Many years ago, Indian braves would go away in solitude to prepare for manhood. One hiked into a beautiful valley, green with trees, bright with flowers. There, as he looked up at the surrounding mountains, he noticed one rugged peak, capped with dazzling snow.
I will test myself against that mountain, he thought. He put on his buffalo-hide shirt, threw his blanket over his shoulders, and set off to climb the pinnacle.
When he reached the top, he stood on the rim of the world. He could see forever, and his heart swelled with pride. Then he heard a rustle at his feet. Looking down, he saw a snake. Before he could move, the snake spoke.
“I am about to die,” said the snake. “It is too cold for me up here, and there is no food. Put me under your shirt and take me down to the valley.”
“No,” said the youth. “I know your kind. You are a rattlesnake. If I pick you up you will bite and your bite will kill me.”
“Not so,” said the snake. “I will treat you differently. If you do this for me, I will not harm you.”
The youth resisted awhile, but this was a very persuasive snake. At last the youth tucked it under his shirt and carried it down to the valley. There he laid it down gently. Suddenly the snake coiled, rattled and leaped, biting him on the leg.
“But you promised—” cried the youth.
“You knew what I was when you picked me up,” said the snake as it slithered away. [In Iron Eyes Cody, “But You Promised,” Reader’s Digest, June 1989, 131]
There are many contemporary snakes that would trick us into thinking they have a different nature than they really do. Perhaps the snakiest things in the grass of our times are transitory ideas that are taken to be permanently real, especially materialist and subjectivist ideas breathlessly propounded in the world today. It is because of this worldly trickery, among other reasons, that, as President Hinckley says, “we cannot afford to stop learning and growing and progressing. We must not rest in our personal development—development that is emotional and spiritual as well as mental. There is so much to learn and so little time in which to learn it” (Standing for Something, 62).
One of the matters most clearly revealed through the restoration of the gospel is that this mountain of knowledge of truth, beauty, and goodness partakes of thereal rather than the transitory. A knowledgeable person knows the difference between what is true and what is only transitory opinion. A true intellectual has the knowledge of transcendental facts requisite to distinguish the true nature of ideas, whether they are real or merely opinion. Those who buy into themomentary without knowledge of the permanent are the true anti-intellectuals of our day, or of any other, and are given to being persuaded by the snakes of our society. As President Spencer W. Kimball said:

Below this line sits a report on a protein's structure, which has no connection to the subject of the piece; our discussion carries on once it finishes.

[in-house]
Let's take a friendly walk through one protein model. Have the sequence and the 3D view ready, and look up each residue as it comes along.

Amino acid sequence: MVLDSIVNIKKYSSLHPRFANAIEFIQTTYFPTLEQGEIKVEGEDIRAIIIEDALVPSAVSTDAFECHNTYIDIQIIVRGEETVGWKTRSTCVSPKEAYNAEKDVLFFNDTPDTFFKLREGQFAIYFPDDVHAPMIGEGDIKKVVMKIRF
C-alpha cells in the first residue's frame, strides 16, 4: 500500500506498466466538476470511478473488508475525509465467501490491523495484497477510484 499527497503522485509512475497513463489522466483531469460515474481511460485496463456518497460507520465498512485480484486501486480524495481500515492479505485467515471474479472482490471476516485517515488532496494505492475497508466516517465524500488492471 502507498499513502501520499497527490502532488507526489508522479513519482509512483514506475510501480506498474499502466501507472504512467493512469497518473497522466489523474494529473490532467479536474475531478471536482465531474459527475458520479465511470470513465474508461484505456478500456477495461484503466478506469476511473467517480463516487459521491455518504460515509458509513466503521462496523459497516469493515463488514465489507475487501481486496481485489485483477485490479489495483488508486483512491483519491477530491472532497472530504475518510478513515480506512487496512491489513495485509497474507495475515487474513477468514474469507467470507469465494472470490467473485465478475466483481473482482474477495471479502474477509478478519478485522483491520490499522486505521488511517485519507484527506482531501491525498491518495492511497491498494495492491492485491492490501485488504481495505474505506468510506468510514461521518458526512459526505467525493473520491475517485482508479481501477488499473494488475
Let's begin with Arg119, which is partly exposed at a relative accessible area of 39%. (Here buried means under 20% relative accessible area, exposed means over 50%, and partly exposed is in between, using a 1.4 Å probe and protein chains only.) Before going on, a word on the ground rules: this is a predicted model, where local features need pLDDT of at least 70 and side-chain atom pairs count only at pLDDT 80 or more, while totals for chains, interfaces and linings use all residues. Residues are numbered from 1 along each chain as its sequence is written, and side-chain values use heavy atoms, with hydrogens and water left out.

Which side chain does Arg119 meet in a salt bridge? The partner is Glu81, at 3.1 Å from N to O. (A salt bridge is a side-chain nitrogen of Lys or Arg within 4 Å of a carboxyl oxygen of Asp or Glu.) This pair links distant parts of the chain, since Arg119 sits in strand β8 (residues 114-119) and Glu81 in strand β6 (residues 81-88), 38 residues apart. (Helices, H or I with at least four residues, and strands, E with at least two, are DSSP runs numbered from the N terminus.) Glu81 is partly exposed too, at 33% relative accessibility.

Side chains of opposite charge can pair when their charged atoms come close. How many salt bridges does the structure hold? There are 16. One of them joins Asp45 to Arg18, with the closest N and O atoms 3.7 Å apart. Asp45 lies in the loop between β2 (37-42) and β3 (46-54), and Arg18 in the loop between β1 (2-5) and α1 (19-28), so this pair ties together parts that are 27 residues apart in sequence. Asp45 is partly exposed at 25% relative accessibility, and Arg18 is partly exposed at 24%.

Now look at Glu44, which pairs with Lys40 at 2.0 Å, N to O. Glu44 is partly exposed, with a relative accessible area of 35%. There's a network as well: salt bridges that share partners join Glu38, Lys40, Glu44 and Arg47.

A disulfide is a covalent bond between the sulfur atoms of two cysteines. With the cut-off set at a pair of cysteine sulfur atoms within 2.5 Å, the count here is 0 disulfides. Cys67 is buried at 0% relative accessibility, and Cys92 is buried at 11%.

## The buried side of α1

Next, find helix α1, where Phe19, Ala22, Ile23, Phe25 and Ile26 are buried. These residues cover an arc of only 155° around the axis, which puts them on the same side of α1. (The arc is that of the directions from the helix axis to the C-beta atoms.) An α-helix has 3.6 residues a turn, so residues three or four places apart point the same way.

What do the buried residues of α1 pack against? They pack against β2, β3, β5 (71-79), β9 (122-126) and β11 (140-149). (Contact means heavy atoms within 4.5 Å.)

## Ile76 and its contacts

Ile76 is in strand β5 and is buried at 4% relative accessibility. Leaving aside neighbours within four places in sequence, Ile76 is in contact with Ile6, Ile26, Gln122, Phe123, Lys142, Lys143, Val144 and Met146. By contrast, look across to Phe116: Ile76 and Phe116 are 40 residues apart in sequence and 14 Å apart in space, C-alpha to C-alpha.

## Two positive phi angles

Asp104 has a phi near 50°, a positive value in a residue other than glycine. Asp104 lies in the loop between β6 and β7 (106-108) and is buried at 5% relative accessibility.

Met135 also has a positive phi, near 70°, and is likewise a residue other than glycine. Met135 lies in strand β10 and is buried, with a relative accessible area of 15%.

People entangled in sin [or wrong ideas] are not free. In this university . . . there will be real individual freedom. Freedom from worldly ideologies and concepts unshackles man far more than he knows. It is the truth that sets men free. [The Second Century, 246]
I am reminded of something Harold Macmillan—British prime minister from 1957 to 1963 and chancellor of Oxford University from 1960 to 1986—is supposed to have said. Recalling a professor’s advice, his words were: “Nothing you learn here at Oxford will be of the slightest possible use to you later, save only this: that if you work hard and intelligently, you should be able to detect when a man is talking rot. And that is the main, if not the sole, purpose of education.”
As a way of bringing together these thoughts on the fourfold characteristic makeup of the mind we are supposed to be creating at Brigham Young University, I refer to Doctrine and Covenants 88:33. In this passage Heavenly Father makes it clear that it is our responsibility to develop and use our talents. We must do this so that others can see our good works and so that we glorify God (see Matthew 5:16). That is the reason for our Brigham Young University education and, ultimately, the only reason for it. It is wise for us to consider that developing talents, intellectual prowess, and spiritual power is antimaterialist and takes backbreaking hard work. Often that hard work involves overcoming our weaknesses so that we can develop strengths (see Ether 12:27).
President Heber J. Grant’s personal motto might serve each of us as well as it did him. Attributed to Emerson, President Grant often used this quote: “That which we persist in doing becomes easier for us to do; not that the nature of the thing is changed, but that our power to do is increased” (GS, 355). My own sense of this university and our place in it drives me to conclude that it might be right for us all to work harder at the permanent value of celestial education, especially at the testimony-building and general education efforts of the Lord’s university. I quote President Kimball in this regard:
As the pursuit of excellence continues on this campus . . . we must remember the great lesson taught to Oliver Cowdery, who desired a special outcome—just as we desire a remarkable blessing and outcome for BYU. . . . Oliver Cowdery wished to be able to translate with ease and without real effort. He was reminded that he erred, in that he “took no thought save it was to ask” (D&C 9:7). We must do more than ask the Lord for excellence. Perspiration must precede inspiration; there must be effort before there is excellence. We must do more than pray for these outcomes . . . , though we must surely pray. We must take thought. We must make effort. We must be patient. We must be professional. We must be spiritual. [The Second Century, 253]
The high and holy mind I have described today understands, just as Brigham Young’s excellent minds always have, exactly what the long-standing motto of this university means. It says, “Enter to learn; go forth to serve.” It does not say, “Enter to learn; go forth to earn.” Our motives must be purer than they sometimes are. We must be able to provide Brigham Young’s kiss of excellence because we are expected to pass it on, and also because it just happens to be the right thing to do. I say this in the name of Jesus Christ, amen.
Larry H. Peer was a BYU professor of comparative literature when this devotional address was given on 2 December 2003.